2. Margin: Easy adjustment of margin. Like padding, but follow the convention m*position*-*margin size in px*, eg. mr-5 would be margin-right 5 px.

You can implement this by copying my position helpers from my Github.

What style should be in components

Having style encapsulated in Angular components has its beauty. It makes the side effect of CSS changes explicit and hence more maintainable. You have control over exactly where your CSS is applied without using nesting in your CSS selectors.

Because an application is maintained way longer than it is developed you should take maintenance seriously and have a good balance between maintenance and development optimization. Too much of each is not ideal and will either give you a too slow development or a too painful time maintaining the system.

Cool story, what should be in the component styling?

Well, it might sound obvious, but it is the styling that is actually specific to the component. That includes the adjustments you make after you have gone as far as possible with the grid and position helpers. In case you have some component styling that should be shared you should import these using SCSS mixins or inheritance, to avoid code duplication.

The three steps of designing a webpage

Know we know what style should be global style and what should be component style. This goes us an efficient three step process of designing web pages:

  1. Set a responsive skeleton up using a grid layout (global style)
  2. Apply position helpers in the HTML (global style)
  3. Get the page pixel perfect using component style (component style)

Let’s look at how to apply this in practice.

Putting it all together in the development of a page

I have created a Git repository to demonstrate how to apply what I have just preached.

Having a look at how the global styles for the project are set up:

Because the app uses bootstrap we will import the whole bootstrap library, but you could just import the grid layout. The position-helpers, I talked about before, are getting imported here, to make them globally available. Note, when importing the complete Bootstrap library you also get a set of spacing helpers, that can do the same as the position-helpers, just with slightly different class names.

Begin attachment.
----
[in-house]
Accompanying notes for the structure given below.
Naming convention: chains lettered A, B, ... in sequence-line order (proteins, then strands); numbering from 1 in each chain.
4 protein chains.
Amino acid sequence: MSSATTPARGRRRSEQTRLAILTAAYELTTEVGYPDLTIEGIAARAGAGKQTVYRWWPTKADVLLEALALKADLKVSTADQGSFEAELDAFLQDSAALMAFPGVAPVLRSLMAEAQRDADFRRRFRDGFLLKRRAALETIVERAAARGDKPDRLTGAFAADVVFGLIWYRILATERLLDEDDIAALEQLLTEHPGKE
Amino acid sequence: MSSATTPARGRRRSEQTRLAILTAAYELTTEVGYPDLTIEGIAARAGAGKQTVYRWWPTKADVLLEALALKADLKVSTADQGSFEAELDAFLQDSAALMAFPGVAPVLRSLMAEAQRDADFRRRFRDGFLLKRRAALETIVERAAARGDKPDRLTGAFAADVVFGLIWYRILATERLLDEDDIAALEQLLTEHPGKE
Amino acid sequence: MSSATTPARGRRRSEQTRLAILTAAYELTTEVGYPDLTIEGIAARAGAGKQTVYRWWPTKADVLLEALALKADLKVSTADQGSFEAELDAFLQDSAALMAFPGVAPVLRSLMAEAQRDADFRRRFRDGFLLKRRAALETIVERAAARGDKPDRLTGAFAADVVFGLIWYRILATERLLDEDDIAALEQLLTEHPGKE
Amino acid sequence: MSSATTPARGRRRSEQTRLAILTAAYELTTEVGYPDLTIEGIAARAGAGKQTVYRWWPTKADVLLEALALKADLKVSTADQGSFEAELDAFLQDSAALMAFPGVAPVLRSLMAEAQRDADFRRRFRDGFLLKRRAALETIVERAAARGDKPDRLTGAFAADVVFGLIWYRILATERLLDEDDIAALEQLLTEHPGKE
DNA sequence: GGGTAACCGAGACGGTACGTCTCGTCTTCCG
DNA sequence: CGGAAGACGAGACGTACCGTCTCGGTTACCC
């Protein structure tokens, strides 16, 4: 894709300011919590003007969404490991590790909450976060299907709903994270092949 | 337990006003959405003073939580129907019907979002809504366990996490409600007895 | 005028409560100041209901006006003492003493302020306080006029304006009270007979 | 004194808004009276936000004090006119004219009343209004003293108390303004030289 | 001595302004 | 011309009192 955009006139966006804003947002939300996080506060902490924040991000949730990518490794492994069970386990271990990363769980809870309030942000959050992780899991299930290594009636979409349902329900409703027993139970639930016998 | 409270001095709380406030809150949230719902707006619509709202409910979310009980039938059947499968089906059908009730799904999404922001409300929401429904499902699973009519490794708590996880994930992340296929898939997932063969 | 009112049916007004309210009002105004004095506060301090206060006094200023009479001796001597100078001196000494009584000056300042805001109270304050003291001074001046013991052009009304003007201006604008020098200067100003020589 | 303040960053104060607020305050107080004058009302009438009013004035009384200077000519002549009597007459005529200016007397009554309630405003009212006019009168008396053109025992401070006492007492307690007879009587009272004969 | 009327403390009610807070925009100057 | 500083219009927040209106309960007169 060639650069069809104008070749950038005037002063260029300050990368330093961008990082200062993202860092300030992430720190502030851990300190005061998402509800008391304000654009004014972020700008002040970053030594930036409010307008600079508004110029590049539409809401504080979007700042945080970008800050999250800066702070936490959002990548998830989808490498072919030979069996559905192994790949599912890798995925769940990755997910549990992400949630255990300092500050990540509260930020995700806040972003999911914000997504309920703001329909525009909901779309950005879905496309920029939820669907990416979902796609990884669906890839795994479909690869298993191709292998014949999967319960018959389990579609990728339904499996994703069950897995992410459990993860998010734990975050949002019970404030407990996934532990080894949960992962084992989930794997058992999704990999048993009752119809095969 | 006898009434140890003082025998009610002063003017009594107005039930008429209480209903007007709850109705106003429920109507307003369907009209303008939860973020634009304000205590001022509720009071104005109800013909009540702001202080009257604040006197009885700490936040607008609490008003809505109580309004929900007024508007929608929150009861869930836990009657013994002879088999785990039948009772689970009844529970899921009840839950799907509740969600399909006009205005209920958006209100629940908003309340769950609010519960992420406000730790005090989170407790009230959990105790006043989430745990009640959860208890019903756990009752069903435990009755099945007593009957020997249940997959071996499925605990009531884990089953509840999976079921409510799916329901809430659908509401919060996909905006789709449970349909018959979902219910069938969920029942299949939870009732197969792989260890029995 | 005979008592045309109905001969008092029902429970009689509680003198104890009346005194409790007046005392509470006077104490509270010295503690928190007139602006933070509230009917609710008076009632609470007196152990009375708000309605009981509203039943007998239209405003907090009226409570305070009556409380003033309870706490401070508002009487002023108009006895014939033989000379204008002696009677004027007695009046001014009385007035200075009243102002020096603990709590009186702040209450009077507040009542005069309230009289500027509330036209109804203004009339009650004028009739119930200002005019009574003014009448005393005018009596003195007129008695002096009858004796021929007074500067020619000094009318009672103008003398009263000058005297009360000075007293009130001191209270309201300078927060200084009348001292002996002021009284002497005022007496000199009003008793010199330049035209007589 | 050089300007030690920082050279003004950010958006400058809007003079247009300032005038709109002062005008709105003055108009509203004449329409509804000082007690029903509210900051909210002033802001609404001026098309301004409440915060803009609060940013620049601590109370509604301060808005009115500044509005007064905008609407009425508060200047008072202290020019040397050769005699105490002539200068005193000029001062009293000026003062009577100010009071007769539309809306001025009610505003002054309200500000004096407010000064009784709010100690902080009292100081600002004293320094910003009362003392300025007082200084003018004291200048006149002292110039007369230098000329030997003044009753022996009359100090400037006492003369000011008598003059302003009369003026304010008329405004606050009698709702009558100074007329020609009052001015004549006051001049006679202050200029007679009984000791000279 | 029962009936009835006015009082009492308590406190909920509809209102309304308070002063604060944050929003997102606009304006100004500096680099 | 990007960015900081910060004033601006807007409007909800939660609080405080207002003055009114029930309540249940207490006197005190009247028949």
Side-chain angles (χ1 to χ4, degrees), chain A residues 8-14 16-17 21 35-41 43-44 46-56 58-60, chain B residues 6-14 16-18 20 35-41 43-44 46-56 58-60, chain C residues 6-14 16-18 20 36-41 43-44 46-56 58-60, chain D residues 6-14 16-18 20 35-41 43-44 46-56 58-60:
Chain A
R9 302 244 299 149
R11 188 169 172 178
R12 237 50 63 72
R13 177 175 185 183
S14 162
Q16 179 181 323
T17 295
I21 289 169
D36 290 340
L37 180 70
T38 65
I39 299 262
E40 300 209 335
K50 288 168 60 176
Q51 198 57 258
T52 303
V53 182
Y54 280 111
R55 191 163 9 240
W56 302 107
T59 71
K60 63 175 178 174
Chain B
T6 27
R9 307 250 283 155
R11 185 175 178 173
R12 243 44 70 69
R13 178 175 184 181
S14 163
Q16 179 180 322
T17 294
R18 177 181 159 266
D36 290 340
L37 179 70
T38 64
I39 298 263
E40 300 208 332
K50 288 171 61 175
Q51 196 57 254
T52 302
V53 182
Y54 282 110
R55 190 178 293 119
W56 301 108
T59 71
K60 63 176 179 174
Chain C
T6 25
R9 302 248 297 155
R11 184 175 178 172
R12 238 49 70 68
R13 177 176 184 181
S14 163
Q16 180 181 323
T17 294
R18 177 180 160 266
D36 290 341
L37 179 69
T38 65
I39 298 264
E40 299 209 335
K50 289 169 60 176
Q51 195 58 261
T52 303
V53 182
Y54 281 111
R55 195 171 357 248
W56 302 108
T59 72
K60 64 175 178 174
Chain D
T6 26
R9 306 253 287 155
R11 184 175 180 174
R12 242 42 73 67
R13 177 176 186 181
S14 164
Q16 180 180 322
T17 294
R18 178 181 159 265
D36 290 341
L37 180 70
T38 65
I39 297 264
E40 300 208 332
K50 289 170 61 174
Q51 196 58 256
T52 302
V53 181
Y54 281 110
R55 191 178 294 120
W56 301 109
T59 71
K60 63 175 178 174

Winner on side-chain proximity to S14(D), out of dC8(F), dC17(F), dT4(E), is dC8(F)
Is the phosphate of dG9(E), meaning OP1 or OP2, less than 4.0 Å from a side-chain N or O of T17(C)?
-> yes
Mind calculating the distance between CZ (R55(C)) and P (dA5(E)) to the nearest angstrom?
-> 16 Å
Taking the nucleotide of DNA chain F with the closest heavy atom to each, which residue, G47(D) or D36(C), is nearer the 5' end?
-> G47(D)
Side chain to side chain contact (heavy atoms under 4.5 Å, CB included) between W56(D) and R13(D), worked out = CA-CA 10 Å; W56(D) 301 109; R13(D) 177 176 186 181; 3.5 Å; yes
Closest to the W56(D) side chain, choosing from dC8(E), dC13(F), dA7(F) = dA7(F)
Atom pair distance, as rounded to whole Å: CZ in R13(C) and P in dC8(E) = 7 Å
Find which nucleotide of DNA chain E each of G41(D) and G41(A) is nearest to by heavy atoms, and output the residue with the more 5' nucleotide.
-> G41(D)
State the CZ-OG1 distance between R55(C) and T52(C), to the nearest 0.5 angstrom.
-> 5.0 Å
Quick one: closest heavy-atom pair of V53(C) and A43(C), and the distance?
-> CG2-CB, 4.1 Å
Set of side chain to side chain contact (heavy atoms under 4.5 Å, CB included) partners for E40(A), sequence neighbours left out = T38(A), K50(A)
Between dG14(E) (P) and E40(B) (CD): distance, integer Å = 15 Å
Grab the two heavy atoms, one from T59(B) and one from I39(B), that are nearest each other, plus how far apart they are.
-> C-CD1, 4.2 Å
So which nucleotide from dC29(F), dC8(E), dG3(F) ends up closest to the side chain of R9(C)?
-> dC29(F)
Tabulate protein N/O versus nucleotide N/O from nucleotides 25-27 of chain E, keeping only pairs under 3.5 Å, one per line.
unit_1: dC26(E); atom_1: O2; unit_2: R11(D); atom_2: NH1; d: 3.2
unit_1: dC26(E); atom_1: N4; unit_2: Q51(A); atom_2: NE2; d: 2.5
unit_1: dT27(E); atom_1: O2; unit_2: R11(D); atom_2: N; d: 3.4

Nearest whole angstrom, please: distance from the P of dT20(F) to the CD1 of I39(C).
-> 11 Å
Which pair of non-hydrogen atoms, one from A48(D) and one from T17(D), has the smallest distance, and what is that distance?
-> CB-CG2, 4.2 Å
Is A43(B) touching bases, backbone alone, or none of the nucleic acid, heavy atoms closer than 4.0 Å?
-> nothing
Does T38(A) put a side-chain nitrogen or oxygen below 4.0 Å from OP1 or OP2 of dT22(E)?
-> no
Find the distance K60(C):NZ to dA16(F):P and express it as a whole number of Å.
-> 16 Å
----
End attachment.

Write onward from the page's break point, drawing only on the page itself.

Now let’s consider styling this page without writing any new CSS:

Using Bootstrap grid layout and position-helpers, this is easily done with:

Note a couple of things:

  1. mx-auto is a position helper from bootstrap to horizontal center by setting margin: 0 auto
  2. The width of the todo-items wrapper is easily set to 10/12 using col-10
  3. Spacing between the app-todo-item is easily created by setting margin-button to 3 with mb-3

Doing this we are able to design the page without writing any new CSS. In a real scenario, I would from here add the component style to make the page pixel perfect. You can find the complete code demo here.


We want through the pros and cons of global styling vs. component styling and discussed when to use what. When designing a page, the global styling should be applied first: setting the page skeleton up using a responsive grid layout, then applying the position helpers to minimize the amount of new CSS that needs to be written in order to create a responsive page skeleton as well as setting the spacing and positioning. After that, you should apply the component styling and get the component specifics pixel perfect. Following this approach will give you a nice balance between global and component styling and will optimize your development time as well as making your app’s styling more maintainable. This is just a general guideline, only you know if you need to make adjustments to make it more efficient for you.

Let me know if you have any feedback. Remember to share, comment and follow me on Twitter.